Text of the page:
Air pollution is a silent, invisible killer, with over 4.2 million each year dying from ambient (outdoor) pollution alone link. While you can see overflowing junkyards, watch forests being cut down, and taste polluted water, many of the harsher pollutants in the air bypass the one defense mechanism we have for it; smell. Further, like so many other avenues of sustainability, the effort that has been made to address air pollution has insufficient for making the needed change. Although there are sensors in large cities, like Atlanta, that rate the air quality on an index, with only 5-6 of them for the entire metro area, how much value does this provide when you see a "Good" air rating, only to spend the rest of your day near the airport and industrial buildings?

The technology to be able to map an entire city with networked PM2.5 sensors (the most scrutinized particle size for air pollutions) plus other atmospheric metrics is not only out there, but is both available on Amazon and cheap enough for even a college student to build a few units (personal experience). However, there are two huge points of value that are provided by this increased detail of our air quality.

1. Personal Use/Internalization As people are going about their day-to-day, you can see exactly where in your environment the air is cleaner or dirtier, and make an informed decision from that. Especially for those in higher-risk groups, being able to make daily choices on how much air pollution you are exposed to surely presents long-term benefits. Additionally, I think many people find it hard to internalize the direct impacts of global sustainability problems, so being able to give an actual number for the air quality where someone is standing provides a lot of personal insight. At my university, I have been part of a deep-learning research project building models to forecast roadway pavement condition. During some of the investigations for the architectures in my research, I found papers such as this link that inspired me to apply what I learned as they use similar architectures.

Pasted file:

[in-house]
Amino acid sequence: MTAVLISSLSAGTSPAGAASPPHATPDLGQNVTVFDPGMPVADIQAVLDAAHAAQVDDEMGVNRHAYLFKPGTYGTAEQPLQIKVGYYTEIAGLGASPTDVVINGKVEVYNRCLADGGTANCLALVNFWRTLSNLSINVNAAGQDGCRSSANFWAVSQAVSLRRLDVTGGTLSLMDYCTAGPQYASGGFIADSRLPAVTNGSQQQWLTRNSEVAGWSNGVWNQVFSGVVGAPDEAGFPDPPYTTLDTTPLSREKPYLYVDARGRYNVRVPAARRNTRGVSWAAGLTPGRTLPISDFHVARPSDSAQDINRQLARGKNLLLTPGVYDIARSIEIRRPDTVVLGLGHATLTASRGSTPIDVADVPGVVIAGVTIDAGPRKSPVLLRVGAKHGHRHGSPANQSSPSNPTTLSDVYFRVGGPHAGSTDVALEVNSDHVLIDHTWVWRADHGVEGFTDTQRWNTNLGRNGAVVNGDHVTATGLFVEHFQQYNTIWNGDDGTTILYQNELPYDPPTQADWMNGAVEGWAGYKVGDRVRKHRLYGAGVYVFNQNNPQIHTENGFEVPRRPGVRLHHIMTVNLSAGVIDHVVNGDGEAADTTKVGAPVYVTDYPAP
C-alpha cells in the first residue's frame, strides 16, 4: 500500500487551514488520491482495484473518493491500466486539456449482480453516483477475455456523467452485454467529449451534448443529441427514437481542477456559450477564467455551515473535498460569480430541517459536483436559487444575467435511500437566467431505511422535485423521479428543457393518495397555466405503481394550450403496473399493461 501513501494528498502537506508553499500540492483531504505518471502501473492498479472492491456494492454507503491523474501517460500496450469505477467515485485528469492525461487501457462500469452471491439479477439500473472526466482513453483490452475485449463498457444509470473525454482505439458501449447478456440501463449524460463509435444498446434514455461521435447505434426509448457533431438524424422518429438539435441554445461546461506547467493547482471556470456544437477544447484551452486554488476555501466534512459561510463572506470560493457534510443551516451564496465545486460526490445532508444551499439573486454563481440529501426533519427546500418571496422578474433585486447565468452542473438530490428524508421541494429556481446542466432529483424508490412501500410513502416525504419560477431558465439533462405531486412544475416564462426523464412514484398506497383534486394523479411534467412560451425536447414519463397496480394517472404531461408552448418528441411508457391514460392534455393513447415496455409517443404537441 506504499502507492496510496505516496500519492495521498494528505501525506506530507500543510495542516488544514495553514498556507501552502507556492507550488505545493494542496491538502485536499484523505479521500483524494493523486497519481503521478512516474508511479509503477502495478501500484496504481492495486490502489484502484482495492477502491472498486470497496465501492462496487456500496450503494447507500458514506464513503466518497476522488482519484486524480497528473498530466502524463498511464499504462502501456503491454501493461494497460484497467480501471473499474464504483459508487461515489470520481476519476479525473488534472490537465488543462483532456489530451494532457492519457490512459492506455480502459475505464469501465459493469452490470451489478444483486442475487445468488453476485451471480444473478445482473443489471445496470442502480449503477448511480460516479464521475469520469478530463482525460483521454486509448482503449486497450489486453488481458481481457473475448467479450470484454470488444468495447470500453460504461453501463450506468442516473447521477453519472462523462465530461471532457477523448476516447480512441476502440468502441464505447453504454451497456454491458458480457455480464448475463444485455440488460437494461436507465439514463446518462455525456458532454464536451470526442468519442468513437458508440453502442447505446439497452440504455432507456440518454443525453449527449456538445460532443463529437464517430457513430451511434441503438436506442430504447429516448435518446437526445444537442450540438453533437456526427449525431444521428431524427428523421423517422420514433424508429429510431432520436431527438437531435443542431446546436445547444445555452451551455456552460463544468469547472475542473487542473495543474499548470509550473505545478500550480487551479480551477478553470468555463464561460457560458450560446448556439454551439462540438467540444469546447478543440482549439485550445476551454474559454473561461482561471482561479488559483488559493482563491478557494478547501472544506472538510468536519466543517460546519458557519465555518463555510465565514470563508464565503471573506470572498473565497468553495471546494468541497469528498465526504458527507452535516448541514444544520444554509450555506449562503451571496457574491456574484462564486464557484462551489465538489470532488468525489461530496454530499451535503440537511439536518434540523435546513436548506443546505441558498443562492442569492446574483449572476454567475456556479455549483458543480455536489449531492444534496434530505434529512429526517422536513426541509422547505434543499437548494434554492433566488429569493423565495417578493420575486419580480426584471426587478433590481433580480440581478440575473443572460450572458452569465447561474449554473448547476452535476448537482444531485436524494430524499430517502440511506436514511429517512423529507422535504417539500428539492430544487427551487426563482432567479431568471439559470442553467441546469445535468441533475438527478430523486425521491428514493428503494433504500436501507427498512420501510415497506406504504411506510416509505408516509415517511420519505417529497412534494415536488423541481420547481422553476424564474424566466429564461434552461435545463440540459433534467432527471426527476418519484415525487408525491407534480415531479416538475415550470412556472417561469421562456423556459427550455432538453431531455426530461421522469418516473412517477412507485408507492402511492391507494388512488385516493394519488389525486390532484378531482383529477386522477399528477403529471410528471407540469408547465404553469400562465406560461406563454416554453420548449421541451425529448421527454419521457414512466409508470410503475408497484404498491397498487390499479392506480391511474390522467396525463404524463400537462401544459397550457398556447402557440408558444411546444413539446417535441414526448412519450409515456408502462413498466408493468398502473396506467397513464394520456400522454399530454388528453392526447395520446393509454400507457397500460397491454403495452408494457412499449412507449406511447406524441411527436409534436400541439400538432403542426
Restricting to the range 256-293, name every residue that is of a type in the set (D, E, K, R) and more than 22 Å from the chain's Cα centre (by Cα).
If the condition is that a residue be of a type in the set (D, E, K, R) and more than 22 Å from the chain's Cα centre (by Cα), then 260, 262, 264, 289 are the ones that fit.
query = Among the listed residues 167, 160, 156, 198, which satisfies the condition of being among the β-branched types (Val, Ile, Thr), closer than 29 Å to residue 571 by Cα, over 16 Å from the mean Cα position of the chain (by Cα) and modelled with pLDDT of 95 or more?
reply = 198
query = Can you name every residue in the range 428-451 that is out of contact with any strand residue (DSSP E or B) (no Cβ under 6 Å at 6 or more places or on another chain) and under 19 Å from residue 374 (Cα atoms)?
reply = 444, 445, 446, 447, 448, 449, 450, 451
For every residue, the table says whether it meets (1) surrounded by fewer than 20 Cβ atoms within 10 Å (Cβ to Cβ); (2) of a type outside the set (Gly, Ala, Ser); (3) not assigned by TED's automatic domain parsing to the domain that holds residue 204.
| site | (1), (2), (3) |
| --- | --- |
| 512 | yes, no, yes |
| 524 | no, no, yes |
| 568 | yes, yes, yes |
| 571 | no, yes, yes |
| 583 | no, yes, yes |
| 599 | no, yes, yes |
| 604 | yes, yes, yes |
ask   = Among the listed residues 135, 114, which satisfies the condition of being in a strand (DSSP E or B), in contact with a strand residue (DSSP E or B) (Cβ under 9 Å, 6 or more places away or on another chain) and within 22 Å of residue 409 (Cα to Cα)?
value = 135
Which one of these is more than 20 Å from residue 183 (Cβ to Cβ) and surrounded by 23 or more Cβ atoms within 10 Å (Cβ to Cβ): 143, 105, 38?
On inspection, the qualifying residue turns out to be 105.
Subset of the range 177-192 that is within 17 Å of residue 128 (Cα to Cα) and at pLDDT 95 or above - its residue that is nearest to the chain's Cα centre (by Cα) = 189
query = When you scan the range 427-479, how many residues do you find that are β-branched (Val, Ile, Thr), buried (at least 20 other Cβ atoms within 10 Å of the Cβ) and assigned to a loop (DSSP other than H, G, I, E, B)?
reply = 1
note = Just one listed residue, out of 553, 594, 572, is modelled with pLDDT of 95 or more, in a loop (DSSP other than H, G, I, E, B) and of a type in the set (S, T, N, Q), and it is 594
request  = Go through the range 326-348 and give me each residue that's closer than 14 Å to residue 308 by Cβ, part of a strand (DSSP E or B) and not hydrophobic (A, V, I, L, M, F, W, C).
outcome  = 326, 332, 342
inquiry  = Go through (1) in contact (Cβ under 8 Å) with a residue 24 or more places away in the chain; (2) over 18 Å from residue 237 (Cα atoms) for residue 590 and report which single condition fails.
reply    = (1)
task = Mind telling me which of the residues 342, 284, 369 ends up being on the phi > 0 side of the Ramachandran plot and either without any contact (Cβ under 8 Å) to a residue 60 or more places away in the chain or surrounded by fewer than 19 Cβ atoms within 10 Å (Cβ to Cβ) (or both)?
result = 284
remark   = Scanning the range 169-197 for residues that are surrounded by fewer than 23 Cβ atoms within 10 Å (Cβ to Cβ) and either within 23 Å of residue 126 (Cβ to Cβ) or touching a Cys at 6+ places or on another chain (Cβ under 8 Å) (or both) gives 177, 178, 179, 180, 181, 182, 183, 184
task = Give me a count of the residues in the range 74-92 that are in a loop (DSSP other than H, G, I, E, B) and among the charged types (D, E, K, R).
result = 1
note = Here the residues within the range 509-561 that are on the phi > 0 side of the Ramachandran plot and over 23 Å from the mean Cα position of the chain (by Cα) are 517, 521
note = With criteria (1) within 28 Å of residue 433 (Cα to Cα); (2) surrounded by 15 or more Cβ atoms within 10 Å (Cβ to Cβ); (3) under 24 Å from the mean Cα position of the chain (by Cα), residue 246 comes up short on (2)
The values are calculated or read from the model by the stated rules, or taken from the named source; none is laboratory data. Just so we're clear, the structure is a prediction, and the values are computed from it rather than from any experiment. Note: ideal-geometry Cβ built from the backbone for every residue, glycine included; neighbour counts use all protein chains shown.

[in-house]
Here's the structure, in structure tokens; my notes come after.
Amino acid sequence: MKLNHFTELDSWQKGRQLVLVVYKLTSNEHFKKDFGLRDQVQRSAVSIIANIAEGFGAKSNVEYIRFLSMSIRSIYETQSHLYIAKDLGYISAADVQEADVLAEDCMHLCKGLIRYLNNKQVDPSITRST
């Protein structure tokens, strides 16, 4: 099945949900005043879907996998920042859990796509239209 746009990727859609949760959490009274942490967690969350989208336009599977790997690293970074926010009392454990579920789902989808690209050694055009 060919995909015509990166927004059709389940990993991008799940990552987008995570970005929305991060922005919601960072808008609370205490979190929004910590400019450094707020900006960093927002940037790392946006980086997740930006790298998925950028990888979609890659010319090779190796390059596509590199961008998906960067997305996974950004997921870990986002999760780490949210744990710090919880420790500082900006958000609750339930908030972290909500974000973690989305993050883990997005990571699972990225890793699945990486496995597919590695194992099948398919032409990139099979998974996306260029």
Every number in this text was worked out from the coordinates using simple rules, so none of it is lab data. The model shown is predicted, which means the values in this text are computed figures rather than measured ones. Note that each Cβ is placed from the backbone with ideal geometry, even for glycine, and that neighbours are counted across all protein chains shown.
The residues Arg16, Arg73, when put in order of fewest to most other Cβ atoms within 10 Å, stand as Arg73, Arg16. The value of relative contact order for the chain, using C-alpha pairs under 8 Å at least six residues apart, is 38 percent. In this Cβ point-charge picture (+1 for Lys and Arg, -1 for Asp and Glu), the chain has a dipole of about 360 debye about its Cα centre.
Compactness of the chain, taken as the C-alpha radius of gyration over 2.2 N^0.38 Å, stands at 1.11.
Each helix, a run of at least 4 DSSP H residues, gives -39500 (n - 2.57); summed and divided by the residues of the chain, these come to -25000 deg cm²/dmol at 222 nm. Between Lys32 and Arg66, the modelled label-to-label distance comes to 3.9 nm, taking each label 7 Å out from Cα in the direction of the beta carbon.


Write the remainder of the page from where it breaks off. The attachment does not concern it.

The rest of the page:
2. Accountability I think this second point is the more important one for making long-term changes. Having highly detailed geospatial-temporal data on air pollution provides the resources to interpret the sources of our pollution in a non-invasive, external manner. The most direct example would be in being able to quantify the direct impact from major typical air pollution producers, like power plants and factories. However, one greater implication of these changes is understanding the impact of and in cities, such as the value of parks and other greenspaces, as well as increasing the value of areas that have less air pollution.

What it does

This project takes in data from an IoT device that collects the PM2.5 reading along with additional atmospheric metrics. Then, the data is concatenated with other geospatial data from Azure Maps Weather service. With the telemetry data, it creates two heatmaps using Azure Maps, one displaying the current conditions, and another displaying the forecasted conditions for one hour ahead by utilizing the concatenated dataset in the machine learning model.

How we built it

The IoT device was centered around the ESP8266 platform. Although LoRAWAN would technically be better in this application, it was too cost-prohibitive to be able to make multiple project iterations.

The main IoT platform for this project was Azure IoT Hub, but so many aspects of Azure were used to bring this project to life. Azure Functions enabled a lot of interconnectivity for the various services I was using, so I became pretty familiar with them. For the visualization in particular, Azure Maps was used extensively.

Challenges I ran into

Since this project covered the full suite of deployment, there were so many challenges I ran into. For example, getting the IoT SDK to work on the ESP8266 took me more time than I would have liked due to dependency version problems, and making the data pipeline from start to end forced me to really learn some of the deeper aspects of the Azure platform. I can recall that one of the worst problems I had was trying to deploy Azure Functions written in Python from VSCode, to the point that I abandoned them entirely and used JavaScript in the online portal instead.

Accomplishments that I'm proud of

I'm really excited to present this entire prototype since I feel I touched on almost every aspect of an IoT solution. In particular, getting the visualization working gave me a huge boost to keep working on the project, and getting a production-like setup for IoT devices has really inspired me to build smaller projects around my apartment (I'm thinking of an automated garden next).

What we learned

Getting comfortable with IoT cloud solutions and pipelines was the most valuable in my opinion. I'm a huge maker/DIYer, so getting familiar with these services has given me a big confidence boost for future products. Additionally, using the serverless Functions was something I had been meaning to explore for some time, so it was really valuable exposure into understanding how the connect other services together.

What's next for AirVizProject

My future goals for this project would be to add the connectivity to allow other people to plug in their own devices as well as make a tutorial on how to build/connect them. Additionally, improving the quality of some of the backend implementations is a big next step to making it a more self-sufficient project.

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